At 10 I was at the Stadium for a game between the Yanks and a sacrificial opponent (A’s?). Early in the game there was a line drive into the seats between first and the foul pole. It was smoking. A big man jumped up and snared it clean. Next day at school I’m talking about the game and Billy Prudin pipes up. It was his Dad that caught the liner. Great. Any kids nightmare, a dentist fast enough to spot a line drive.           

I got my own foul ball at a Yankees-Tigers game in the late ’60s.

Our neighbor Jay and his fiance Gail, invited brother Bill and I to the ball game. Bill begged off. I, of course, jumped at it “third wheel” or not. Hey, he offered. The seats were primo – four rows back and right next from the Pinstripe’s dugout. The boxes between us and the field were empty when Detroit’s Jim Northrup barely made contact. The scribbler came right back. I was slow but the bat boy was slower. I had my ball. Sure, it wasn’t a rocket but who cared – and who needed to know, right?

I lost the Northrup ball long ago. It was ripped up and worn from playing hardball and then lost. I blame Bill.           

I “caught” a ball for Andrew during batting practice before a Brewers game two years ago. I was looking at the game program. Andrew was among 10 kids – gloves in the ready – focused on getting a foul ball. Suddenly, “Look Out!” I looked up just as a ball caromed off my shin. The ball spun in place and a youngster scurried to get it before buddies raced in.

“Hey,” I bellowed,” that’s mine, pal. I took the shot. I get the ball.”

Great. I was getting tough with a kid over a used batting practice ball hit foul by a guy named Dickerson. Two months later Dickerson would be traded and sent to the minors never to be heard from. The kid, stunned, apologized. “Sorry mister.” Now neither the A-train nor I can find it.

If Andrew ever learns his dad moved seats at a game late last year, I’d have a problem. A ball fell right into the seat I had left. Then again I would have muffed it. 

Besides, there will be thousands of balls to come. Maybe one or two will be memorable.

Bobbling Along

March 23, 2011

When did bobble heads become coveted momentos? Once folks went to a game and perhaps buy one as a souvenir. Today they go on Bobble Head Day – and there’s a game too.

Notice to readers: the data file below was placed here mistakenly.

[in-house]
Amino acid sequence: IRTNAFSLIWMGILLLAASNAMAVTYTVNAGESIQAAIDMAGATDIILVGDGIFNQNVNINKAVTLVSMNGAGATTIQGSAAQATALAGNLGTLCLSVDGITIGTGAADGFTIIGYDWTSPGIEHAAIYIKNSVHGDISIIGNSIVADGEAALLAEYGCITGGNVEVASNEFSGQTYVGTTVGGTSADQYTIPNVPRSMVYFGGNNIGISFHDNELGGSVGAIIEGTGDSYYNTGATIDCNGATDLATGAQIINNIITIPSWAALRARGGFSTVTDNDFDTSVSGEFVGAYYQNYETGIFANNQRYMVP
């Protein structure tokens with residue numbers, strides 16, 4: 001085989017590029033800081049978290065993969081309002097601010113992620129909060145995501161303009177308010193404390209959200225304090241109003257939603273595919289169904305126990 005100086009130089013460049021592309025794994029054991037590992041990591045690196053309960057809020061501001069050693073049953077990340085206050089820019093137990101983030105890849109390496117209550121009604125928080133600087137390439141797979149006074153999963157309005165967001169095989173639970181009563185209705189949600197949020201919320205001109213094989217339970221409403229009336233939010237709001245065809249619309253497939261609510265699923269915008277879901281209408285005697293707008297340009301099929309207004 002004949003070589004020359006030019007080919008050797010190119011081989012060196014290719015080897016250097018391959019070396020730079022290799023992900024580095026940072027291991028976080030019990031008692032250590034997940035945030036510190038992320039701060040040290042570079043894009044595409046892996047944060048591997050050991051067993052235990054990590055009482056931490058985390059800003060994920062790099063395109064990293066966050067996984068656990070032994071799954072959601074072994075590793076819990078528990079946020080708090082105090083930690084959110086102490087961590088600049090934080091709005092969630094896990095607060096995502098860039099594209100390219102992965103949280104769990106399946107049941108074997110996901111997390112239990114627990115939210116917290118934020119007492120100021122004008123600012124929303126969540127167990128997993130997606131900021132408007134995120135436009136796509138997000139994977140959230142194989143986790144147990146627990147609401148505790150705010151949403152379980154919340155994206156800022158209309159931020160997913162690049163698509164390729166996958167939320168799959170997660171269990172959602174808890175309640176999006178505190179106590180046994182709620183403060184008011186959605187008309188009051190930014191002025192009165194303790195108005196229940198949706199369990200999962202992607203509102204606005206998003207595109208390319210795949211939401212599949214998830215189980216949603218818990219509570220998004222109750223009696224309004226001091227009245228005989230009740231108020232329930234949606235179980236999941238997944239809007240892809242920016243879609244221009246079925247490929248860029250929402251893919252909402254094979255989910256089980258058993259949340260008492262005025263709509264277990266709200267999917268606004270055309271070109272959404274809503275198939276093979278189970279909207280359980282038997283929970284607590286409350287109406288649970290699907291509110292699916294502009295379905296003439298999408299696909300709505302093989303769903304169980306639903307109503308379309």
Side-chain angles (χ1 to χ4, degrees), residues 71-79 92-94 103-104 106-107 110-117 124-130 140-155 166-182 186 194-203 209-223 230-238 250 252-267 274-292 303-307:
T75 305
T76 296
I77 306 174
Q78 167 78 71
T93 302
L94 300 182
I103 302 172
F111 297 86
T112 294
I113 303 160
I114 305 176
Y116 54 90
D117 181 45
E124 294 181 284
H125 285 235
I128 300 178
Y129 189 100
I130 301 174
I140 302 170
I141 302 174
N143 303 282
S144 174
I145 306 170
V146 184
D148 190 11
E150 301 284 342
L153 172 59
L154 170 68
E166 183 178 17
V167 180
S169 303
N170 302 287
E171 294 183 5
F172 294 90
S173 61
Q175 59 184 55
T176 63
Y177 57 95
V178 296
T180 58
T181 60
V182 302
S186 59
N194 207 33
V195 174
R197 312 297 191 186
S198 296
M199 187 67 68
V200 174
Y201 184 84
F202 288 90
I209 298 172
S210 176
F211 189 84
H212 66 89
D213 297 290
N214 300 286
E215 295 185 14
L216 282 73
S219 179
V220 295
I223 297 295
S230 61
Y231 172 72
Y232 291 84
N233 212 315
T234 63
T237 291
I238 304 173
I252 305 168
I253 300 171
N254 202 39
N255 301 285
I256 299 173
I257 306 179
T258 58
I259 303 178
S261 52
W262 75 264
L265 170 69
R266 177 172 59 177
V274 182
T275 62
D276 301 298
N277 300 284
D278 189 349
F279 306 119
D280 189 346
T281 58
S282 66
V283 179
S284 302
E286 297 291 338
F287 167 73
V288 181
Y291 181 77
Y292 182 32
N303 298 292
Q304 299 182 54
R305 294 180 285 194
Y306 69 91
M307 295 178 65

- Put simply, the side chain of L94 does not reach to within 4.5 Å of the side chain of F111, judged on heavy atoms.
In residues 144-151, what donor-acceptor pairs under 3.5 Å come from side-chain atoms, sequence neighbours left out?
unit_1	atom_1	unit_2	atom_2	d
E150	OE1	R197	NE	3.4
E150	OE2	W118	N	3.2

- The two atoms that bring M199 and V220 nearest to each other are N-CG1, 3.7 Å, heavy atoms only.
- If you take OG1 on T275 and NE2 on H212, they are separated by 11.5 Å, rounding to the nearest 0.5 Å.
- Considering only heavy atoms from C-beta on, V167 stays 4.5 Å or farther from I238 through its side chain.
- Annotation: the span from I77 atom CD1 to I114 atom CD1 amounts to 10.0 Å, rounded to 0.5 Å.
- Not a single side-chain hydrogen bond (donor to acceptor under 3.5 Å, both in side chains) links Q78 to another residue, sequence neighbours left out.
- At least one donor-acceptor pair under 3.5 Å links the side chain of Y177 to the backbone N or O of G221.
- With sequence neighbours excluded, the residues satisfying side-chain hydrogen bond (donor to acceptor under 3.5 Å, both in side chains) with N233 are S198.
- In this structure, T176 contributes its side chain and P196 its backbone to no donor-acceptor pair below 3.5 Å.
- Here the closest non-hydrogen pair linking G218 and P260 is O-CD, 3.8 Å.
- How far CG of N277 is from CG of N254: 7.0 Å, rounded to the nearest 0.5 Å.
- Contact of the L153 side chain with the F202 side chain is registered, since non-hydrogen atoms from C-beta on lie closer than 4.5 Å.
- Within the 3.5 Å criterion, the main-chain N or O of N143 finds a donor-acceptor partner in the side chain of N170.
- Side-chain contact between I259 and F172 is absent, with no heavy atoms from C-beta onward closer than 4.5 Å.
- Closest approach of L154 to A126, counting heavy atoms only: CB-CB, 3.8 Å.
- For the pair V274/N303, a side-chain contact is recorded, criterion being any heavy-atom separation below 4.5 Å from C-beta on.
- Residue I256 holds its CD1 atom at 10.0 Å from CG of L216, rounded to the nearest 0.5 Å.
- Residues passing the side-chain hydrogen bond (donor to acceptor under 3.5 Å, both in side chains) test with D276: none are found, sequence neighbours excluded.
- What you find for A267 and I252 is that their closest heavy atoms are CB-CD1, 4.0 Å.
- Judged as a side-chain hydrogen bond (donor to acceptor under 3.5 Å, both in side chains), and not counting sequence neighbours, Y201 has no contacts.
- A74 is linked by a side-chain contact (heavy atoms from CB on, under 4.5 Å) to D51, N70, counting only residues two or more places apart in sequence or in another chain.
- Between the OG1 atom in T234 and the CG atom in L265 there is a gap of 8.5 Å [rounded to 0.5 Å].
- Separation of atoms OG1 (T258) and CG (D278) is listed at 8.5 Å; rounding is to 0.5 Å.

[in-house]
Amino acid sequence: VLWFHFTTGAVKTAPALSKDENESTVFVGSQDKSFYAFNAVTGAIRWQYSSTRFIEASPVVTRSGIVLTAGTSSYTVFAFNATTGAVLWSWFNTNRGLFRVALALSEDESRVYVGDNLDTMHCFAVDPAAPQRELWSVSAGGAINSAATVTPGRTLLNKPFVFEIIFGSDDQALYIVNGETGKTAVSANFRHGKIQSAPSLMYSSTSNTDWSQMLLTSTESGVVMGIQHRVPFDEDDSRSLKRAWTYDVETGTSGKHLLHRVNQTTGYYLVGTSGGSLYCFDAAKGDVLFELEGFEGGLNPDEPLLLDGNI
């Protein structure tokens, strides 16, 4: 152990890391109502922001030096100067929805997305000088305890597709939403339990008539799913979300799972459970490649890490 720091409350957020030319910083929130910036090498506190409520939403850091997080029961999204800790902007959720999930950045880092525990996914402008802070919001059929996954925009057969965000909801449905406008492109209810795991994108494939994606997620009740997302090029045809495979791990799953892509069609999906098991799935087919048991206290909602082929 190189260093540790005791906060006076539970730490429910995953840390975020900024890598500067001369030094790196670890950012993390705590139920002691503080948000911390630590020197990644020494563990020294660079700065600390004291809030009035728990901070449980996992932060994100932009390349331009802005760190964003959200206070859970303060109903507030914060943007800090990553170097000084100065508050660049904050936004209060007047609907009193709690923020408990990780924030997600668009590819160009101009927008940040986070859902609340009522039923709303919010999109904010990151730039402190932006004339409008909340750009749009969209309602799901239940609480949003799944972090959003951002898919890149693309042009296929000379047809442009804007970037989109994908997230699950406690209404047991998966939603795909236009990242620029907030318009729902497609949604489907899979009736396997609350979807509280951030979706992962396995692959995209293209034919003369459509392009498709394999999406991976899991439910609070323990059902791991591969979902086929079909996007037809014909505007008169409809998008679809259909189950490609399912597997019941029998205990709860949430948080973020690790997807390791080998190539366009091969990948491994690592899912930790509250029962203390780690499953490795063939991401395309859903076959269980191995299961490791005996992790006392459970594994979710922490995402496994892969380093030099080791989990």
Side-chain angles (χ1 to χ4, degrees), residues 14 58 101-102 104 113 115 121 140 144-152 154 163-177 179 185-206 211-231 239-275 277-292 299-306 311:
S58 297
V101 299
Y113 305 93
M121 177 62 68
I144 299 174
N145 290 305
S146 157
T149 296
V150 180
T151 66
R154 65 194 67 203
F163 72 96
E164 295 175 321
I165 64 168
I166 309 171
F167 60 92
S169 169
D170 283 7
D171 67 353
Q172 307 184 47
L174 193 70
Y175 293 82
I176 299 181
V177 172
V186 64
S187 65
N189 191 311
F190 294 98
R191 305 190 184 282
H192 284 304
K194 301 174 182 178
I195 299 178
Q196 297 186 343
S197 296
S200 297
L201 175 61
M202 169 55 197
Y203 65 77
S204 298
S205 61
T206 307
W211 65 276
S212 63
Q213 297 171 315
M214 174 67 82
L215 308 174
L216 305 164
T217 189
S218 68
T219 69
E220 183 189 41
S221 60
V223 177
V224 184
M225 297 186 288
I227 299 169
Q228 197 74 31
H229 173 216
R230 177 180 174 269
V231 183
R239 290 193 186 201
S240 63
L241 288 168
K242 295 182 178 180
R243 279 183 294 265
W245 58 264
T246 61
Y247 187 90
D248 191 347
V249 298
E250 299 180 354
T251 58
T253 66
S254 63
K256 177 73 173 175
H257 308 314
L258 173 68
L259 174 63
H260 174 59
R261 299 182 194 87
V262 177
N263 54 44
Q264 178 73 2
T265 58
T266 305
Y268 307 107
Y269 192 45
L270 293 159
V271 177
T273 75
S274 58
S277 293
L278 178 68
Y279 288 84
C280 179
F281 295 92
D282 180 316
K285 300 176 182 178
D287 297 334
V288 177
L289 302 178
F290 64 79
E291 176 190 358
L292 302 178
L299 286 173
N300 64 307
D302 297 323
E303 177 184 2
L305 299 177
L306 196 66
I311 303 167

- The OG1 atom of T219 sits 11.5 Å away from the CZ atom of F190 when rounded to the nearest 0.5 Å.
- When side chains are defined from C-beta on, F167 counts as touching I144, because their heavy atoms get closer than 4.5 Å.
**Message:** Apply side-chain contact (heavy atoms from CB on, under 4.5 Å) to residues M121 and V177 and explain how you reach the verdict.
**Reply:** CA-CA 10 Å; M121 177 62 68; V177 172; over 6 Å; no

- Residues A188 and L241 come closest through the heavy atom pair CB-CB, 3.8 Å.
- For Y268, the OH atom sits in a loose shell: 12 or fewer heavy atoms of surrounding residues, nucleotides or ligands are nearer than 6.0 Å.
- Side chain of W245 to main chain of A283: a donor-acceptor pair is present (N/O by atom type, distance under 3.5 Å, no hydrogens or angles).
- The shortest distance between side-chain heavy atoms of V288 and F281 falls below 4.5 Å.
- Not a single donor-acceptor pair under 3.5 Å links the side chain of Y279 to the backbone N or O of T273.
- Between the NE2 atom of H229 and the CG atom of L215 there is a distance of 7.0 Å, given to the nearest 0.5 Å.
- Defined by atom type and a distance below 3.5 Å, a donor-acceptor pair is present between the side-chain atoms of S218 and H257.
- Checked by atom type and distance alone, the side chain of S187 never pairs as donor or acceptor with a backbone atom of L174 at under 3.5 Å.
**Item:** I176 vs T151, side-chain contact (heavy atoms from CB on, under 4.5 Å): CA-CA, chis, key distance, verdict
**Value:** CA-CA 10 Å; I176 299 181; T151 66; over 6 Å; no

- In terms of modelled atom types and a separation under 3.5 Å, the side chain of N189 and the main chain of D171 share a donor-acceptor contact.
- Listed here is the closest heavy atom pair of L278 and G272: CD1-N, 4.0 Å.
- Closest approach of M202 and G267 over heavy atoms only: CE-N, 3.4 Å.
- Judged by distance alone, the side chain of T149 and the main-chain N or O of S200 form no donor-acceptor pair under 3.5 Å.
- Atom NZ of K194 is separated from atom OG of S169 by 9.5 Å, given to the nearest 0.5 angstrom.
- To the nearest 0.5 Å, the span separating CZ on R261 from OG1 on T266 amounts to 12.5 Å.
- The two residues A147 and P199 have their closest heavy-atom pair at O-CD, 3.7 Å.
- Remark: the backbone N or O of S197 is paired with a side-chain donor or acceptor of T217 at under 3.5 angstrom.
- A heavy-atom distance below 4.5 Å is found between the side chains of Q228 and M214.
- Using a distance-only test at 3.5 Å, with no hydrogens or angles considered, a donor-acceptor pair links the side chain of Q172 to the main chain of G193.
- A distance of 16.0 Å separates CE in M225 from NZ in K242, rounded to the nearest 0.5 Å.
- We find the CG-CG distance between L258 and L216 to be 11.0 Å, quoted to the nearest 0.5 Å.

When my Dad would take us to a game – Yanks or Mets – bobble heads were at the concession stands with all the other team paraphernalia – pennants, caps, little bats, player cards and photos (what ever happened to my photo of  Mantle and Maris). Seemed like there were 100 items to peruse. Including bobble heads.

(Note: One of the greatest give-a-way days was the Yanks’ Bat Day. Thousands of young fans received an actual bat as they entered the Stadium. In the 5th inning all the kids were asked to hold their up. What a site. Today, of course, the carnage would be unimaginable.)     

The little bobble guy was posed with either a glove or bat. And he had a great big smile that said “it’s great to be a Yank or Yankees fan.” OK, he was goofy looking, kind of like a Bob’s Big Boy hamburger stand statue. But he wasn’t as goofy looking as Mr Met.

I quickly learned the Mets had their own bobble head. And their guy had the same face. He was just as happy as the Yanks’ bobble head. How could that be? He was with the Mets for God’s sakes.

Then Dad took us to the Polo Grounds for an AFL football game between the (LA?) Chargers and New York Titans. And there were bobble heads at the Titans concession stands. I know because I bought one. And it was the same guy’s face. He got around. Only this time he was a Charger – white helmet with yellow lightning bolts and the powder blue jerseys. Classic.

Good luck finding and buying original bobble heads issued before 1980. I thought I would buy one for the couple who clean our house. She collects angels. He’s a big baseball fan. I thought I would try to buy a ’61 LA Angels head. Right to Ebay. Suddenly I was bidding with others. When it got to $50 I pondered just how clean the place had been. I checked one last month. The asking price was $250.

No wonder there is trafficking in the little cherubs.  Two years ago Andrew and I took his buddy Matthew to Miller Park. I forgot it was a Bobble head day. With an extra seat we had an extra head. I told Matthew he could give the extra to his brother. On the way from Miller to the parking lots Matthew had numerous opportunities to sell his brother’s bobble head. And, he did. It was a 3-way transaction. Matthew got a cool $10. The fence got his. And I learned something about Andrew’s friends.

Of course, there are bobble heads and there are bobble heads. In just one season we got Hank Aaron, Robin Yount, Jeff Suppan, and Bernie the Brewer. The Suppan, of course, is worthless.

And there are hockey players bobbles, indoor soccer players bobbles, all sports bobbles. There’s Betty Boop. I’m sure there are bobble heads for every President from JFK to today.

But the value of a bobble head comes from the memories, not the figurine.